In the north-east, in the area with two rainy seasons, we find a series of towering mountains, including Kilimanjaro volcano, 5,895 meters (19,340 feet) high, which is also the highest mountain in Africa, and has permanent snow above 5,000 meters (16,400 ft), unfortunately in retreat because of global warming. On the slopes, there are different climates and biomes depending on altitude: between 1,800 and 2,800 meters (5,900 and 9,200 ft), we find the rainforest; between 2,800 and 4,000 meters (9,200 and 13,100 ft), where at night the temperature can drop below freezing (0 °C or 32 °F), a dry mountain vegetation; between 4,000 and 5,000 meters (13,000 and 16,500 ft), a cold desert, where, however, during the day the equatorial sun of high altitude is very strong, and it’s able to considerably warm up the bare rocks, while at night, it gets very cold. On the summit, which is often above the cloud layer, the temperature may drop to -15/-25 °C (5/-13 °F) at night. Considering both temperature (which is higher in January and February, and lower from June to August) and precipitation (which is higher from March to June, and lower from August to October), it’s generally preferable to climb the mountain in January, February and September, while the worst months are April and May because of high rainfall (and even snowfall at high elevations) and frequent cloudiness. Some visitors choose the days of full moon, a phenomenon that occurs roughly once per month, during which the glaciers lit by the moon offer a wonderful view at night.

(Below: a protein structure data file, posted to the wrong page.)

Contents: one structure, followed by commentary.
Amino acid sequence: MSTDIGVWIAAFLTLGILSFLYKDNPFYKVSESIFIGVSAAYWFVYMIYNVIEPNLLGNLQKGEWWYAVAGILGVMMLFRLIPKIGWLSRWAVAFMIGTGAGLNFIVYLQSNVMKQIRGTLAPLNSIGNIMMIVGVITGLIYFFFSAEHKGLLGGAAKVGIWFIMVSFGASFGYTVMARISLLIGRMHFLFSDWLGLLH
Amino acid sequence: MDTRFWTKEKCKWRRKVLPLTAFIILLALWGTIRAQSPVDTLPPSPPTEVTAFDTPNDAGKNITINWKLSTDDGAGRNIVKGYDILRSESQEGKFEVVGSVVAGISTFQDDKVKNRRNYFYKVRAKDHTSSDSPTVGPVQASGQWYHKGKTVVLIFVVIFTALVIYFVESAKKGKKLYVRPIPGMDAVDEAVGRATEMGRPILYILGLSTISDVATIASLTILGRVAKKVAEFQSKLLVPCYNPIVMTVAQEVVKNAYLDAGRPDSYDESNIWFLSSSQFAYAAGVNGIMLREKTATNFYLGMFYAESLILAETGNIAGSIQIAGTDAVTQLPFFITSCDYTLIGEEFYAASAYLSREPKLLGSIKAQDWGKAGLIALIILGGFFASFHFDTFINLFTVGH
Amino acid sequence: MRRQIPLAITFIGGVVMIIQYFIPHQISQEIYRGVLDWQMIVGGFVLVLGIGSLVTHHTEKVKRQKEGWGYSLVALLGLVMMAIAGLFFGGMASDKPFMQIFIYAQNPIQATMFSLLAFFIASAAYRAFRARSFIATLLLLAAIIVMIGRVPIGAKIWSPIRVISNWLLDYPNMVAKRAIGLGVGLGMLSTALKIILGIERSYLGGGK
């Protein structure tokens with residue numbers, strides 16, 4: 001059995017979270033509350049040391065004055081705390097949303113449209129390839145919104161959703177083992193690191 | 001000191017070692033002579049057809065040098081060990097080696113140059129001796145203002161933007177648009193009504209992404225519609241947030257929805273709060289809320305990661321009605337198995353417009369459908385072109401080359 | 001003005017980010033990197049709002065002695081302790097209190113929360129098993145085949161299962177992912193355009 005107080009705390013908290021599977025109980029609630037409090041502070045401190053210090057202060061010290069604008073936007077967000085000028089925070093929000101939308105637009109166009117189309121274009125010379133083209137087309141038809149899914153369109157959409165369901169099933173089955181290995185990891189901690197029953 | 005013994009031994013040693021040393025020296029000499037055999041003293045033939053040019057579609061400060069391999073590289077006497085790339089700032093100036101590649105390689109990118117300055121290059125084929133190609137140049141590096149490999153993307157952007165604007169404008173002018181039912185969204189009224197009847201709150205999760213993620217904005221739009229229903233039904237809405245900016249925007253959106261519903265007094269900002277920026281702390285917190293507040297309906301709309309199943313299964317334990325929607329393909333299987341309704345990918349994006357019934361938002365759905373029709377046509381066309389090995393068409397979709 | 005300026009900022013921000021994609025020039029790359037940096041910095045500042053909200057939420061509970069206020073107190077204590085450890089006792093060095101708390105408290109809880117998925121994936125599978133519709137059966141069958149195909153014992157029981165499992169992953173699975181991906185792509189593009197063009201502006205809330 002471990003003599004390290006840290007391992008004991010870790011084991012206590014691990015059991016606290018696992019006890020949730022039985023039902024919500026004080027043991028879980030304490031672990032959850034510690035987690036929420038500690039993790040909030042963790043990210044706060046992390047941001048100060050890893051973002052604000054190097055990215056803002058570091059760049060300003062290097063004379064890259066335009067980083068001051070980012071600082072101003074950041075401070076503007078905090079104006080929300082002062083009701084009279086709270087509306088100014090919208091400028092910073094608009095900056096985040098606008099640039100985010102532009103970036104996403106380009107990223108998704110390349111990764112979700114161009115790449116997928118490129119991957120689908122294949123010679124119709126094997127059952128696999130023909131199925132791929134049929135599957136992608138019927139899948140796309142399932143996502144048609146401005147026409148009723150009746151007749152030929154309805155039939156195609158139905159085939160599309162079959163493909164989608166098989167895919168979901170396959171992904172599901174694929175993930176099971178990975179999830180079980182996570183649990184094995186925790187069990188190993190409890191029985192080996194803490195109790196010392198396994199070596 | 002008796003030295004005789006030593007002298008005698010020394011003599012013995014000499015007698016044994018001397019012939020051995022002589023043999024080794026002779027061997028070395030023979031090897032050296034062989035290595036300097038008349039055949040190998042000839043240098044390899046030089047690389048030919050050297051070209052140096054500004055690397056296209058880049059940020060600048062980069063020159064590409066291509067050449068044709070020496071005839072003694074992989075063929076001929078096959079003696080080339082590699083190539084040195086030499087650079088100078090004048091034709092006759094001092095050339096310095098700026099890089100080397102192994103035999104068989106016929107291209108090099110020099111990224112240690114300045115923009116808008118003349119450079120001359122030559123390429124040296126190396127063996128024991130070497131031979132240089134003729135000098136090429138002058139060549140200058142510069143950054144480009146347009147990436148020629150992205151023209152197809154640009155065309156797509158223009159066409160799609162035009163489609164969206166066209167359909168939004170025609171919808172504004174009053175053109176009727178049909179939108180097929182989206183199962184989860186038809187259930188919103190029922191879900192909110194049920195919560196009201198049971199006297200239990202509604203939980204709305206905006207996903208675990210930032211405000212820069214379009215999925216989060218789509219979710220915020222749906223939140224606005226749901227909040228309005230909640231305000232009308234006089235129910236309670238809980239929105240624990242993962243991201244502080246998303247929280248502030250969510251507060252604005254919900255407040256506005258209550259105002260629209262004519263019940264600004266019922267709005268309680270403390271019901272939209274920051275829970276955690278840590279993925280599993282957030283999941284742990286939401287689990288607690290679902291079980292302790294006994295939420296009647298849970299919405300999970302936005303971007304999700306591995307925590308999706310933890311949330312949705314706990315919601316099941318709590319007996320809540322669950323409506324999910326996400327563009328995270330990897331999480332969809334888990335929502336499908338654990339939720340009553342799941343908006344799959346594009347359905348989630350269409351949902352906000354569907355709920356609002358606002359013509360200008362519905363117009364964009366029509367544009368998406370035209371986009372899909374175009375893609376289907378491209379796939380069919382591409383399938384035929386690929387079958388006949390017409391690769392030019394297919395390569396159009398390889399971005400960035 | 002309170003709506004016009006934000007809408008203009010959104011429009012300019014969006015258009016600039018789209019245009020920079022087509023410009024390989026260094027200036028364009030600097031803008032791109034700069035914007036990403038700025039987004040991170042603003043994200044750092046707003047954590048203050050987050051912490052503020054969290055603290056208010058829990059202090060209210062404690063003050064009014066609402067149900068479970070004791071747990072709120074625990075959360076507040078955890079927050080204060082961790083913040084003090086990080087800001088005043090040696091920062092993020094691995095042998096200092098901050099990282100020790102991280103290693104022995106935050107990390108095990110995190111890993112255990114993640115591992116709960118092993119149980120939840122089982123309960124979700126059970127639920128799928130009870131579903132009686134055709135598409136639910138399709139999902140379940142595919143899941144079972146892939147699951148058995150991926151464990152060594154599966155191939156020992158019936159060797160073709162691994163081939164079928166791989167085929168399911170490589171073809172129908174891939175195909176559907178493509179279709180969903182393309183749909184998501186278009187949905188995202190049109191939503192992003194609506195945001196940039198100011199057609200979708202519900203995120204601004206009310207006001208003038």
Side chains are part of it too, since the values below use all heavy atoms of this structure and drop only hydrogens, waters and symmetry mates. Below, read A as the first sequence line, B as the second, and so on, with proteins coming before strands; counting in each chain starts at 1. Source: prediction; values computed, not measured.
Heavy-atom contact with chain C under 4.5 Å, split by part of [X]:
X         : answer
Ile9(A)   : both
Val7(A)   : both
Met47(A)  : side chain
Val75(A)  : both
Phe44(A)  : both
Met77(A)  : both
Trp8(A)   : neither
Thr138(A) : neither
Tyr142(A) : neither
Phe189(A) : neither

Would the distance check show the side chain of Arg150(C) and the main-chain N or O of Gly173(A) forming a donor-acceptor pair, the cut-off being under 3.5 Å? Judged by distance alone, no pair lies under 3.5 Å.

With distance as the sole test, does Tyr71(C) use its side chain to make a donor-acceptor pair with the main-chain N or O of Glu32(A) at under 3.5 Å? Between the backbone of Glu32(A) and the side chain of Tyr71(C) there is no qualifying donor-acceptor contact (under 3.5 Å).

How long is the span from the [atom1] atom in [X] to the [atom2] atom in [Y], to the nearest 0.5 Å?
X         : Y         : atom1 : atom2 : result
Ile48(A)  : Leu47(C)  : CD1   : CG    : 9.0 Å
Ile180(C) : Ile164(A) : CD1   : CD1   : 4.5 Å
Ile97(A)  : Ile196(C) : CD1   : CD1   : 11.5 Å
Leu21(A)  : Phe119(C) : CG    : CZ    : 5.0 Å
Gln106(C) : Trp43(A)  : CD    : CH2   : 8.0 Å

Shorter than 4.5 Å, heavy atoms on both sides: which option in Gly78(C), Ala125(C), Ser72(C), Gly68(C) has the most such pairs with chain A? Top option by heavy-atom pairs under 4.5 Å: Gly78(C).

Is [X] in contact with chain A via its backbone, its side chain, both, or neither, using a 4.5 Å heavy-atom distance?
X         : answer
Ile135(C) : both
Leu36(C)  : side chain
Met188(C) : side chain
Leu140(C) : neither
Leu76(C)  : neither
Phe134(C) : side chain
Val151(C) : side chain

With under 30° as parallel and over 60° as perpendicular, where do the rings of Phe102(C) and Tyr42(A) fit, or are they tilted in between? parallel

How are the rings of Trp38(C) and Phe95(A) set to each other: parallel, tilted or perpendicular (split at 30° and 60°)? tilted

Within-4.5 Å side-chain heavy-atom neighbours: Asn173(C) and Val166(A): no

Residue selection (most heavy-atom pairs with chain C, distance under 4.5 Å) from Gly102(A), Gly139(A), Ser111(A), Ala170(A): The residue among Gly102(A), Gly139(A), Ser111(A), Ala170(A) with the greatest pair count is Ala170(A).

West of Kilimangiaro, we find another mountain, Meru volcano, 4,565 meters (14,977 feet) high.
At the foot of Mount Meru, at 1,400 meters (4,600 feet) of altitude, we find the city of Arusha. Here, the temperature is pleasant all year round, in fact, the daily average ranges from 19 °C (66 °F) between January and April to 14.5 °C (58 °F) in June and July. Sometimes, however, between November and March, it can get hot during the day. Nights are cool throughout the year, especially from June to September, when lows can drop below 10 °C (50 °F), while during the day, the temperature fluctuates around 20/22 °C (68/72 °F).